In my last post I talked about the black scratchboard. I often end up colouring over the scratches but here’s a different concept where all the colour is going to be provided by the artist.
Here we have a Bornean Orangutan and I’ll show you some steps below.
I used a small Ampersand Claybord for this. They come with white already sprayed on the surface of the underlying kaolin clay and unlike many brands, their white ink isn’t too shiny and can take colour in the form of coloured pencils. You could use inks or acrylic paints and even watercolours but I will say that acrylics can be added too thickly and make it difficult to scratch through, and watercolours can smear a bit when you put on another layer, so be careful.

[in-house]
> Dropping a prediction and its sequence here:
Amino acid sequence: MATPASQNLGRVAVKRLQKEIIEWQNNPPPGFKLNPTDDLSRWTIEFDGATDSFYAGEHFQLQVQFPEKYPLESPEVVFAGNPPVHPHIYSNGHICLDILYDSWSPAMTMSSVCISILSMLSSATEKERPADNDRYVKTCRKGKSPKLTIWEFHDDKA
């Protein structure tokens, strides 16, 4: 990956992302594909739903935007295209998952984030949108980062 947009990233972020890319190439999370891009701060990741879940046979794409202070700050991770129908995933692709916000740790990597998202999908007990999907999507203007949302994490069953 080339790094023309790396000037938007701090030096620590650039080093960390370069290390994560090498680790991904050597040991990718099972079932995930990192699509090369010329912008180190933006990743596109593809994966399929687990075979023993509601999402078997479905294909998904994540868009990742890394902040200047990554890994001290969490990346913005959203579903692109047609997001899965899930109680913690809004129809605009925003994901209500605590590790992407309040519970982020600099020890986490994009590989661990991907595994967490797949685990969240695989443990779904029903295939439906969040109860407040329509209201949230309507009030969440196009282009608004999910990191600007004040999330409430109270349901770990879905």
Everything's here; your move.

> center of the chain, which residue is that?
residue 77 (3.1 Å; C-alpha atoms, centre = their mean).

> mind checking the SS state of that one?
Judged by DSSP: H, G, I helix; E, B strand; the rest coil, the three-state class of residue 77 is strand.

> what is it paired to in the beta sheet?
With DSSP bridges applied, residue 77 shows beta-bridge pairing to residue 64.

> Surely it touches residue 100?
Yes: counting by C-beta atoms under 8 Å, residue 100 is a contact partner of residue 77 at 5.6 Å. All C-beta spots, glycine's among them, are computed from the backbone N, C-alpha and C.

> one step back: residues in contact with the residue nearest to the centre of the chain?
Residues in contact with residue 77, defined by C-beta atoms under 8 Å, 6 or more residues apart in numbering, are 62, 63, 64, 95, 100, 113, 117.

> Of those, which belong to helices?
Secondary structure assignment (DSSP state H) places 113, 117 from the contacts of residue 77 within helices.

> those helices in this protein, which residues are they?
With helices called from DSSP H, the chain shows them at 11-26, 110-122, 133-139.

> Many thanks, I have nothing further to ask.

After transferring my drawing to the board I waded in with coloured pencils just to get the feel of the piece.
I also added some black ink on the animal’s left cheek by using a fibre-tipped pen, and started scratching some of that out with a craft knife and continued this process below.
We are going through what I call the ‘ugly’ stage here but it’s a case of just persevering with it, keep adding colour and keep scratching back, sometimes using a few layers. Always make certain you allow the area to dry before you scratch it again as the clay may come out in clumps (unless you wish to experiment for effect).
I’ve started to try to deepen some of the colour by using watercolours. I could have used inks and Ampersand make very good ones.
Scratching and colouring and scratching and colouring some more is the perfect way to build up layers and make fur or hair look real. This is where watercolour is ideal as they soak into the ink a tiny bit, but as soon as you scratch, you go through the colour to the white which means you can pick out highlights making some hairs appear on the surface while other hairs appear underneath.
And finally we have the finished scratchboard
I hope this has been of help to you.